Wednesday, April 4, 2012

The Daughter's Walk

Jane Kirkpatrick's historical novel about a walk across America by a mother and daughter in 1896 brings many issues to light. This feisty woman decided to walk from Spokane, Washington, to New York City, a distance of 3,500 miles, to advertise a new line of clothing for the modern woman, a shorter dress that exposed her ankles. Her spunky idea was formed when the clothing industry offered $10,000 to a person who would do it, and she needed to money to save her family's farm.

Helga, the mother, was ingenious in her endeavor. As they travelled, she found places to speak to tell about their journey. Clara, the daughter, did not want to go on the journey at first, but she became a willing helper before it was over. They kept a diary and collected artifacts. Clara drew pictures to tell about their adventure. Their hope was to write a book about it when it was over.

This was an actual event which was supposed to take seven months. However, because of circumstances, the women did not reach their destination on time and the sponsors withheld their payment. The women were left in New York City with no money and no way to get back home. They found employment to care for themselves and to try to save money to buy their tickets.

When they finally arrived home, Ole, the father, and Ida, the sister who had been left in charge of the younger children, were bitter with resentment because of the long absense of their mother and sister. This deep resentment eventually drove Clara away, and she found employment with a woman she had met on the trip.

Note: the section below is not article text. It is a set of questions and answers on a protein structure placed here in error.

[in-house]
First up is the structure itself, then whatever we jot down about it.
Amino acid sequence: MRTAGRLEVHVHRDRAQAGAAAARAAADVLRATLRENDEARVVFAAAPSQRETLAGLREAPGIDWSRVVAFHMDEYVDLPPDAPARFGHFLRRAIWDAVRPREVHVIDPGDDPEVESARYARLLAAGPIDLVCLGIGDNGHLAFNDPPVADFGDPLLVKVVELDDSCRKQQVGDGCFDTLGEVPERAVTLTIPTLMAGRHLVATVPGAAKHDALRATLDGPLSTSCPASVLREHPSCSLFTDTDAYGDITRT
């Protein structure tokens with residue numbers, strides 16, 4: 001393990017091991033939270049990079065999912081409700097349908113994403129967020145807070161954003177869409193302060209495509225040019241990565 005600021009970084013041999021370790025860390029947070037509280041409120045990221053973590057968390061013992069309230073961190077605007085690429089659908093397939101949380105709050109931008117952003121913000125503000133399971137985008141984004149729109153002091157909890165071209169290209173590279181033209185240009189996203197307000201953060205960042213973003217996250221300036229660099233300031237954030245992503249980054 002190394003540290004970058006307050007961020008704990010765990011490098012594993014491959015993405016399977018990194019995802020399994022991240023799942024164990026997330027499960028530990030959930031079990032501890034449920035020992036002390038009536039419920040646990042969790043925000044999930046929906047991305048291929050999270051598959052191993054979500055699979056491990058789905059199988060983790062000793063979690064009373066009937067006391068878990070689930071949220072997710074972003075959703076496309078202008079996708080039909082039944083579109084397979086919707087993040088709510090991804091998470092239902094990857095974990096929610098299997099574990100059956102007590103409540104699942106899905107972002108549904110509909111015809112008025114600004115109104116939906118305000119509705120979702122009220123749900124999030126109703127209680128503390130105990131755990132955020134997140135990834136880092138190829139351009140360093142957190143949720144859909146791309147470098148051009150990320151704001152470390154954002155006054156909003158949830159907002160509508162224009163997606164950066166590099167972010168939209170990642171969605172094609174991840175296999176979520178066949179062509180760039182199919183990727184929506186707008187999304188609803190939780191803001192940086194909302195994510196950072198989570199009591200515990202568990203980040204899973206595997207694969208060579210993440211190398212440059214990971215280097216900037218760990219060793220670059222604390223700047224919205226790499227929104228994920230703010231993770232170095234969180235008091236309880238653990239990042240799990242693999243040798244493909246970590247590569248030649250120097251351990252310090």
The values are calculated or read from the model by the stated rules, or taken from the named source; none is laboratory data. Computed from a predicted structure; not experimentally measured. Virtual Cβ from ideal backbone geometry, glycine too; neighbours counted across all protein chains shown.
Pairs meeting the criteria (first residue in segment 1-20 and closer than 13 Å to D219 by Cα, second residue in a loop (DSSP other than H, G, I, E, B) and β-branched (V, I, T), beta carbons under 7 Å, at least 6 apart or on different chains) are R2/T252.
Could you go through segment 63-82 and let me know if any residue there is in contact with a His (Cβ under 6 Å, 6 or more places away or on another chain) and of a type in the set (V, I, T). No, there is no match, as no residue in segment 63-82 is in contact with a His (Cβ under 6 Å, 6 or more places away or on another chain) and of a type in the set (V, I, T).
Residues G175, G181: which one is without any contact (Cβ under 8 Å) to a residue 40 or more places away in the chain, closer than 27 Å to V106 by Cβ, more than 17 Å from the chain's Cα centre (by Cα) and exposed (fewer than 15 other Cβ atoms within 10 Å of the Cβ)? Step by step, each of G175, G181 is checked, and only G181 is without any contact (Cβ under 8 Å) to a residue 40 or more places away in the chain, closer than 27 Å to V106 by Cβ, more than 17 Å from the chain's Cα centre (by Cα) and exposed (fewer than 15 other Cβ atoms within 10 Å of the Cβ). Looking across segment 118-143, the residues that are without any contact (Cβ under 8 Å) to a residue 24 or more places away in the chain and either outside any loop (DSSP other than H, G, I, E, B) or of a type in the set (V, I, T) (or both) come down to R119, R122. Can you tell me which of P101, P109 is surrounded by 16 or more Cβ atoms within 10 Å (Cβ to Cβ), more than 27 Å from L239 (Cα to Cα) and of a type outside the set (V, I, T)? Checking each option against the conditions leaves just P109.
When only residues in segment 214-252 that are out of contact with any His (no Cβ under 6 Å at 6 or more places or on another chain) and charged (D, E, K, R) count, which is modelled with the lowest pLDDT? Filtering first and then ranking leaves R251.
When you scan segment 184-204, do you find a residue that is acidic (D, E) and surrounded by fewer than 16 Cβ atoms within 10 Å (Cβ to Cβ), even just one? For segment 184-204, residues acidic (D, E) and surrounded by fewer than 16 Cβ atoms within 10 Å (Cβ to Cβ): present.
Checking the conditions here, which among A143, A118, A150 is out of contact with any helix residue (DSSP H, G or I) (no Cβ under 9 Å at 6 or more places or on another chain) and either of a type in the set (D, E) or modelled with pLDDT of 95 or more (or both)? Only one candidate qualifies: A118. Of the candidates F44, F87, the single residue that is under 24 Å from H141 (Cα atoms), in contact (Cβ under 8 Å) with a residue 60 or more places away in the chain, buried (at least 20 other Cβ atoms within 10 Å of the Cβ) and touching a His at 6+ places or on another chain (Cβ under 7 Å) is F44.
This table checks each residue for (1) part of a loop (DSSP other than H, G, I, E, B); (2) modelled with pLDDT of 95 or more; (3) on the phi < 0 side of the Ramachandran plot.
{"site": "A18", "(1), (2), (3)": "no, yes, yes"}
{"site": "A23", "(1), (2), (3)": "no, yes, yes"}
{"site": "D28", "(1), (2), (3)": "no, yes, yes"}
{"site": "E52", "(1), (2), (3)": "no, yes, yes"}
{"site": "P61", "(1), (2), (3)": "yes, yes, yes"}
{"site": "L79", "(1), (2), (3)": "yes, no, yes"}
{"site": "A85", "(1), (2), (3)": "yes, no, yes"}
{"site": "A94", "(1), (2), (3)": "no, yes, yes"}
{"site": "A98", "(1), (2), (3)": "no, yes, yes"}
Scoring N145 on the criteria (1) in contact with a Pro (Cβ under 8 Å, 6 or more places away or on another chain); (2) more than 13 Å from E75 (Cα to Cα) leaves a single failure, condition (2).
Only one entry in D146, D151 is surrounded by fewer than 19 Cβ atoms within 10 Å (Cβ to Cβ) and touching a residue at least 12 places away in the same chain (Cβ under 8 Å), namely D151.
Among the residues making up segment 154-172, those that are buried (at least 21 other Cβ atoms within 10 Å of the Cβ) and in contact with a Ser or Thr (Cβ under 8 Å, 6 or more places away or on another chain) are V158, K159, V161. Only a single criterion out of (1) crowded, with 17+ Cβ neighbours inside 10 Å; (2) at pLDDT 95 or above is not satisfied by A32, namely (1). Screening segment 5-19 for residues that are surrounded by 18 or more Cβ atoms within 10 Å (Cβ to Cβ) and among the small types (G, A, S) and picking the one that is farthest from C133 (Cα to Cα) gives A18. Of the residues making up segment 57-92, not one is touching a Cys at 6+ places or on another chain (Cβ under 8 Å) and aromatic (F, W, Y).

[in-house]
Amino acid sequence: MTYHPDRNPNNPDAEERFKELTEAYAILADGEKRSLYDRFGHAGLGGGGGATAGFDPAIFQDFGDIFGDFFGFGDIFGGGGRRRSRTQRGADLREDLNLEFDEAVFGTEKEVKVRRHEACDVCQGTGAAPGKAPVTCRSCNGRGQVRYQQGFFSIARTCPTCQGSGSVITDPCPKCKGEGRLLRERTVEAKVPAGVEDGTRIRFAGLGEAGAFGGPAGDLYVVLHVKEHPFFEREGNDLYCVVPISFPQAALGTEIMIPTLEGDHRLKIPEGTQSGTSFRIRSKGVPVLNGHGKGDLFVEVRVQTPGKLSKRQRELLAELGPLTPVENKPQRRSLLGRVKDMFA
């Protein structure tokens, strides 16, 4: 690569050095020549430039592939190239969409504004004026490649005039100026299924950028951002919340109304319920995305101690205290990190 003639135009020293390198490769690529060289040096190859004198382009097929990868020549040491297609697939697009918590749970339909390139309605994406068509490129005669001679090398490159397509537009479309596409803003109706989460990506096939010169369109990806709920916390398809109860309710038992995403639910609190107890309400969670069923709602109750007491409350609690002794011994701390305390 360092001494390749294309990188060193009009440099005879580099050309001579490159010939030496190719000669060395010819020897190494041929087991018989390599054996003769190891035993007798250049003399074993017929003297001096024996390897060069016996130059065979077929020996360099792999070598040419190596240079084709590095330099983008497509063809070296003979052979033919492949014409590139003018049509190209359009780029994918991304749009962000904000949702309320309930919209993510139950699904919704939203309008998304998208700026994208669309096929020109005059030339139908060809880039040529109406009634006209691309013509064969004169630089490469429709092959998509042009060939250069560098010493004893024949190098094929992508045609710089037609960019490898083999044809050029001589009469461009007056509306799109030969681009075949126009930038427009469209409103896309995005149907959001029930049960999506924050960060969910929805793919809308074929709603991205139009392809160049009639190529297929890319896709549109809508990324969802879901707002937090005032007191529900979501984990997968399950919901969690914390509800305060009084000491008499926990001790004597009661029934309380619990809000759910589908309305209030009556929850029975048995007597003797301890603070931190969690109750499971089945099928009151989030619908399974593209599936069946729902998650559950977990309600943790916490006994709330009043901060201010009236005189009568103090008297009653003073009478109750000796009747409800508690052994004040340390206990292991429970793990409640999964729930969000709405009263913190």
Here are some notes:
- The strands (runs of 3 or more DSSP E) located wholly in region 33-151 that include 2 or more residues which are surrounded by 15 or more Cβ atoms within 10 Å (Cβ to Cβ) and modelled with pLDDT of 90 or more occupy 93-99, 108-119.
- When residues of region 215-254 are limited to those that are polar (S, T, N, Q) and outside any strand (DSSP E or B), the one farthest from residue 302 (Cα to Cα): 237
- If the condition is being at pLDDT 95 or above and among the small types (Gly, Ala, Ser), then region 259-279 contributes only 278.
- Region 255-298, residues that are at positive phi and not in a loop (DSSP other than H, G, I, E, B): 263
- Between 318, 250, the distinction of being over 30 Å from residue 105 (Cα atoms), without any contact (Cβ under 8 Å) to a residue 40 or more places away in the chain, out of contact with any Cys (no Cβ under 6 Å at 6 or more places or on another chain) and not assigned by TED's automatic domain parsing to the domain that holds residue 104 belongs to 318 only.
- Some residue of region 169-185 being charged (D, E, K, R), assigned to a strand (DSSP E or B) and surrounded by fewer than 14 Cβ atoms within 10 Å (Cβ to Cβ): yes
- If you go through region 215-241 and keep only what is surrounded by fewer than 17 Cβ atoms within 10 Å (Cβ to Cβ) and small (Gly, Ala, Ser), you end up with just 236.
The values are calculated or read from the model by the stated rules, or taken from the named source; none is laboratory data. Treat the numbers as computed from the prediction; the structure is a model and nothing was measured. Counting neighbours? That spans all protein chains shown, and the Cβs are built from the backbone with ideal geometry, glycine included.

Clara stayed with her employer for the next twenty years, estranged from her family, who refused to accept her monetary help. They lost their farm and lived poorly. They refused to let their mother write or talk about her trip, and rebuffed every effort Clara made to remain on good terms with them.

This book is not a "happily-ever-after" one, but is one that depicts the stresses that arise in families when conflicts come. This Norwegian family felt that their mother and sister had abandoned them. Then, when Clara went to work for one of the people who had orignally sponsored the trip, they said she was taking "dirty money" and they could not forgive her. This book was very well written and impelling with its honesty and openness. It was provided to me free by Waterbrook Multnomah for my honest review.

1 comment:

  1. I can't imagine doing a trip like that, even now - but in 1896, women's roles were so well-defined, I can sort of understand how the family felt - but to withhold forgiveness when their trip was to benefit the family? - that seems awfully unfair.